Not one of the young op­er­a­tives imag­ined that the real tar­get for their “strange” boat and her highly trained crew would be the en­emy fortress of Sin­ga­pore. “As it turned out, we broke the world record,” Ber­ry­man said with jus­ti­fi­able pride. “No­body in the history of the world had ever gone that far into en­emy ter­ri­tory and come out alive.”

*** [AS the Krait mo­tored to­wards home in the en­e­my­in­fested wa­ters of Lom­bok Strait the raiders’ worst night­mare un­folded when look­out Joe Jones saw a large ves­sel clos­ing fast on the Krait.]

Jones had been on look­out duty on top of the wheel­house at 11.30pm when he spot­ted what he thought was a sail ap­proach­ing quite fast.

The “sail” was in fact the bow wave of a very large and fast-mov­ing Ja­panese war­ship that was rapidly bear­ing down on them.

The mo­ment they had all dreaded since ar­riv­ing in en­emy wa­ters al­most a month ear­lier had ar­rived and their thoughts may well have im­me­di­ately turned to their weapons drills d and the cyanide pills. p

As the adren­a­line surged s the crew went to ac­tion a sta­tions and Young switched on his ra­dios for what he was sure would be the last time. He waited for Lyon to draft the text of the fate­ful fi­nal sig­nal, along with their es­ti­mated po­si­tion. As he thought about the very pos­si­ble im­mi­nent end of his life, Young also con­tem­plated the large box of plas­tic ex­plo­sives that had spent the en­tire jour­ney on top of his ra­dio set.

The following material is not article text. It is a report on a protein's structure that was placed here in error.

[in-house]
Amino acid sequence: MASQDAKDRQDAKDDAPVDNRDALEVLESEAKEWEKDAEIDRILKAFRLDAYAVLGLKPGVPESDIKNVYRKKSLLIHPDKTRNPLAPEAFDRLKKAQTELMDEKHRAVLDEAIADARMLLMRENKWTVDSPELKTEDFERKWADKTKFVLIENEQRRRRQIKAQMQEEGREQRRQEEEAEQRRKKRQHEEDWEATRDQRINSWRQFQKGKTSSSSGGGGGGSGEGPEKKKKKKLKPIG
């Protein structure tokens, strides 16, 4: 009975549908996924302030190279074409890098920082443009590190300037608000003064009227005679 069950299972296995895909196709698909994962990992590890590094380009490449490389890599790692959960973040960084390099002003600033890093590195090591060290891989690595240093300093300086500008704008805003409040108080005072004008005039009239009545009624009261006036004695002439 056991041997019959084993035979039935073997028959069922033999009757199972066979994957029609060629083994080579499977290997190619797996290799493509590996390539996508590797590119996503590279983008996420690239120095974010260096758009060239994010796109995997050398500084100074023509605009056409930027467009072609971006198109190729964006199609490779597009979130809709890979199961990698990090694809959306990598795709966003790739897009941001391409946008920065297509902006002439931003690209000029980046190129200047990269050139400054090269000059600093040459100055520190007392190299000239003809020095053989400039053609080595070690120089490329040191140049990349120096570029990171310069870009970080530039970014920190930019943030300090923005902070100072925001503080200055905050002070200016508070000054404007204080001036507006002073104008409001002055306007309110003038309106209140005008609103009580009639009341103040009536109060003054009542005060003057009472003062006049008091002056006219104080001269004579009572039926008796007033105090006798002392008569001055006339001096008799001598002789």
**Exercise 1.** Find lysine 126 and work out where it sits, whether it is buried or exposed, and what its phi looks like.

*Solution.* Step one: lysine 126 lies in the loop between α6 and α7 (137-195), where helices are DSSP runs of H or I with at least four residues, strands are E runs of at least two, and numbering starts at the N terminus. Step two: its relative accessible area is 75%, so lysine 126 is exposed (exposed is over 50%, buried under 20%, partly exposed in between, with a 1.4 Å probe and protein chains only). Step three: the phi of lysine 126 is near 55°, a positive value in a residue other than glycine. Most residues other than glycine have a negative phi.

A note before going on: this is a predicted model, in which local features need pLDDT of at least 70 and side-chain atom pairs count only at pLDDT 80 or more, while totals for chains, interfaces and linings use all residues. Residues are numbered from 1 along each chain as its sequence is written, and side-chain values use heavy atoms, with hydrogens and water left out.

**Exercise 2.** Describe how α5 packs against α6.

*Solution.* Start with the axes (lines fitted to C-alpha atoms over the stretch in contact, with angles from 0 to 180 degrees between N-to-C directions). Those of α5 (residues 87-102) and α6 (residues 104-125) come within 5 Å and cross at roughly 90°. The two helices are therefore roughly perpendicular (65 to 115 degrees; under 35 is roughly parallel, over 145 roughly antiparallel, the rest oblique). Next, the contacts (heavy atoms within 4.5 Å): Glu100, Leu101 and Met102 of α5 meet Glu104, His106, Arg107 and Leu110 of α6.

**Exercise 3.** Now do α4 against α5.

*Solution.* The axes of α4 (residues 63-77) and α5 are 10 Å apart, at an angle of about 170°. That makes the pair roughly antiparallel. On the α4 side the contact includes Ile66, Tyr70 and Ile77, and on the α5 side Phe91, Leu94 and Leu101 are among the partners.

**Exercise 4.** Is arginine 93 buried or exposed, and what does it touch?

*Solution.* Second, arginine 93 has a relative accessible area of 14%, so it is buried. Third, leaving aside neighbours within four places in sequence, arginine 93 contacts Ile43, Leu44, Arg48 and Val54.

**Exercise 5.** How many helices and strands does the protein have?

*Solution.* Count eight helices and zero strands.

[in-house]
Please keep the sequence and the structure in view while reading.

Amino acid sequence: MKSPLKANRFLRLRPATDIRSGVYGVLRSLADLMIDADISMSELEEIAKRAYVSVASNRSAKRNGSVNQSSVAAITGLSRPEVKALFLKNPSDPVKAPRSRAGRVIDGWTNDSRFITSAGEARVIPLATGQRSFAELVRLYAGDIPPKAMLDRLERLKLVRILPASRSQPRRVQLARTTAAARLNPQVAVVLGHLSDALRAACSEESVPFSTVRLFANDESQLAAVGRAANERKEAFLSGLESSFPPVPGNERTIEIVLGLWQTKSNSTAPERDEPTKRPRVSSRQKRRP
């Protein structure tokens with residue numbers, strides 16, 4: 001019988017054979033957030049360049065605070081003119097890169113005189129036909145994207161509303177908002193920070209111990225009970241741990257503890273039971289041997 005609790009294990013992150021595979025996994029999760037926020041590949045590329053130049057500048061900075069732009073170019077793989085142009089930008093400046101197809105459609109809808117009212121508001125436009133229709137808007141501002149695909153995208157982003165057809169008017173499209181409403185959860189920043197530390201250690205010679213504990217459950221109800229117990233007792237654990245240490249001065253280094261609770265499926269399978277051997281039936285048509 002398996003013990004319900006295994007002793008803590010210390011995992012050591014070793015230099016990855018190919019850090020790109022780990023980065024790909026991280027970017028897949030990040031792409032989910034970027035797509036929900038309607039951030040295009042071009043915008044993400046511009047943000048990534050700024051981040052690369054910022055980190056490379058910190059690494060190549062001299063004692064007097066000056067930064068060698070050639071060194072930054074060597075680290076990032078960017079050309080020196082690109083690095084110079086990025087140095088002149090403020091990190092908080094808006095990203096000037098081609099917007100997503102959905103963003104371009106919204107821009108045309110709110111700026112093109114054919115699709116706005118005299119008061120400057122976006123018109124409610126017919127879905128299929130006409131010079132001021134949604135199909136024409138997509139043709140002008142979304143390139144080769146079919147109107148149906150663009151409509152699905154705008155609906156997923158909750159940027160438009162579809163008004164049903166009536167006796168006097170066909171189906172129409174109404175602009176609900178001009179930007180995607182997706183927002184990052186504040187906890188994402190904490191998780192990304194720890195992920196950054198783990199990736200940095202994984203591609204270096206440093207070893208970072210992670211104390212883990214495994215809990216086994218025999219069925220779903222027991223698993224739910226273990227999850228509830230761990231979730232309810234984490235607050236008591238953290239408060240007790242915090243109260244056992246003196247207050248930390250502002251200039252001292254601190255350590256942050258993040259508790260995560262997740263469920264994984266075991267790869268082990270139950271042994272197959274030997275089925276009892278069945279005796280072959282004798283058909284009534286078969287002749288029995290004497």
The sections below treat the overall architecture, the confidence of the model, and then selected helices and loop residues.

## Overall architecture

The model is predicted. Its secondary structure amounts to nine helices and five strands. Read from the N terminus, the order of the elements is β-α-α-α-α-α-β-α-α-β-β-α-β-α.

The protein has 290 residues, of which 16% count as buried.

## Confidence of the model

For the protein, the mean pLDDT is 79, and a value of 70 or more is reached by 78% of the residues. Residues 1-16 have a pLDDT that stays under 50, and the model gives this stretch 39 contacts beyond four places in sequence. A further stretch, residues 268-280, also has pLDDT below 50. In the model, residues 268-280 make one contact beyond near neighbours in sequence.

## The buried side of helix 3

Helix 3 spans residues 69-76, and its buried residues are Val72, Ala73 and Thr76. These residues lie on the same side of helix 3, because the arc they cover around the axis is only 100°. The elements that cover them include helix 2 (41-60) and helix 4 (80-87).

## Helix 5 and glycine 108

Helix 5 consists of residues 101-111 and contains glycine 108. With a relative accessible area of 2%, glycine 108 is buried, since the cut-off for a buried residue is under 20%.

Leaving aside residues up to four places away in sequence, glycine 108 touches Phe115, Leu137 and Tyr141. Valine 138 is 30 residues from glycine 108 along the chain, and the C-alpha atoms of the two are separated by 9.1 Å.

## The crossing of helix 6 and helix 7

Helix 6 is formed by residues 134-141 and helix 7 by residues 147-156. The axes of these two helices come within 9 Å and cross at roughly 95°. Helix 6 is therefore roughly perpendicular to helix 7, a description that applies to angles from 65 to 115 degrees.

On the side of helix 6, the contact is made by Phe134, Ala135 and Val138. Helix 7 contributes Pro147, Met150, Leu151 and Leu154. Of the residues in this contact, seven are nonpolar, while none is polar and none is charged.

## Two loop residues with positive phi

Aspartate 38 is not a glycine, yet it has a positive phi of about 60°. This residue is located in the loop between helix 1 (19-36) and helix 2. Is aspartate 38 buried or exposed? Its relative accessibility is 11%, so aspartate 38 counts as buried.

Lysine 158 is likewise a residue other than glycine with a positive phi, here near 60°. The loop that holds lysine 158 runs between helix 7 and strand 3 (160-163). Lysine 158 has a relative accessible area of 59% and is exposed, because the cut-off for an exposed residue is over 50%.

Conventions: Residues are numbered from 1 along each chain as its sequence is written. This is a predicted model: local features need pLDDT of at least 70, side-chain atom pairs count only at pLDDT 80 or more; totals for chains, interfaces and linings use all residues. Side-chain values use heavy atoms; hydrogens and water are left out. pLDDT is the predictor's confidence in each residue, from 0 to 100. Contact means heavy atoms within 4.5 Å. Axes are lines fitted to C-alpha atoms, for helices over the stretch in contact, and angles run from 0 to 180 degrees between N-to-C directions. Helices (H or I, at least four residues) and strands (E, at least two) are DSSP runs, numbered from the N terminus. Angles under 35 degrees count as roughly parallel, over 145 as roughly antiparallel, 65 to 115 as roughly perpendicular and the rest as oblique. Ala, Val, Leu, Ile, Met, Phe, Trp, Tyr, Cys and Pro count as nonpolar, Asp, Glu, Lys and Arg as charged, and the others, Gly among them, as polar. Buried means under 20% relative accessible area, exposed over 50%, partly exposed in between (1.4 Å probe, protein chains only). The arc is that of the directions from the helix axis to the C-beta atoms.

“The amount of ex­plo­sive would have been prob­a­bly suf­fi­cient to have de­mol­ished a bat­tle­ship,” he wrote in his 2004 mem­oir.

The plan had al­ways been that if the Krait was about to be cap­tured by an en­emy war­ship she would ma­noeu­vre in as close as pos­si­ble to the hos­tile ves­sel, then Lyon would det­o­nate the charge, send­ing the Krait, her crew and — they hoped — the en­emy ship to “Davy Jones’ locker”.

Ber­ry­man re­mem­bered be­ing wo­ken up and told to break out the Bren gun and keep his head down.

He also re­called that the box of plas­tic ex­plo­sives, which had been ter­ror­is­ing Hor­rie Young for weeks, was moved to the bow and the fuse set, with Lyon keep­ing his fin­ger on the “but­ton”.

“If this de­stroyer got too cheeky with hail­ing us and putting lights on us, we were go­ing to turn, put our nose right against his mid­ships and blow him and us into a mil­lion pieces,” Ber­ry­man said. Then, for only the sec­ond time dur­ing the oper­a­tion, Lyon broke out the cyanide cap­sules.

Ber­ry­man re­mem­bered the boss say­ing, “Righto boys, if you don’t want to be blown up take one of these pills and bite it and that will kill you.”

Carse iden­ti­fied the en­emy war­ship as a de­stroyer or corvette-type ves­sel about 70–80 me­tres long. Amaz­ingly, when she drew along­side the Krait she did not chal­lenge the boat or even shine a spot­light on her. For rea­sons that re­main a mys­tery to this day, to ev­ery­one’s enor­mous re­lief the war­ship peeled off af­ter sev­eral min­utes and set a course at high speed to­wards Lom­bok Is­land. Lyon an­nounced with some cau­tious bravado that the Krait had “won that lit­tle war”, with her com­ple­ment of 14 see­ing off a ship with prob­a­bly 200 en­emy souls on board.

In the back ro w (lef t to right) is: Moss The Oper ation J ay­wick team in Bris­bane follo wing their W WII mis­sion.An­drew ‘Happ y’ Hus­ton. In the mid­dle ro w is: Ber­ry­man (and in­set belo w), Fred ‘Boof ’ Marsh, Ar thur ‘Joe’ Jones,Hor­rie Y oung, Wally ‘Poppa’ Falls, Ron ‘Taffy’ Andy ‘Pan­cake’ Crilly, Kevin ‘ Cob­ber’ Cain, J ames ‘Paddy’ McDow­ell,Jock Camp­bell and Bob P age. Pic s: Supplied Mor­ris. In the front ro w is: T ed Carse, Don­ald D avid­son, Iv an Lyon,

The Mighty Krait by Ian McPhedran pub­lished by HarperCollins. Paper­back RRP $35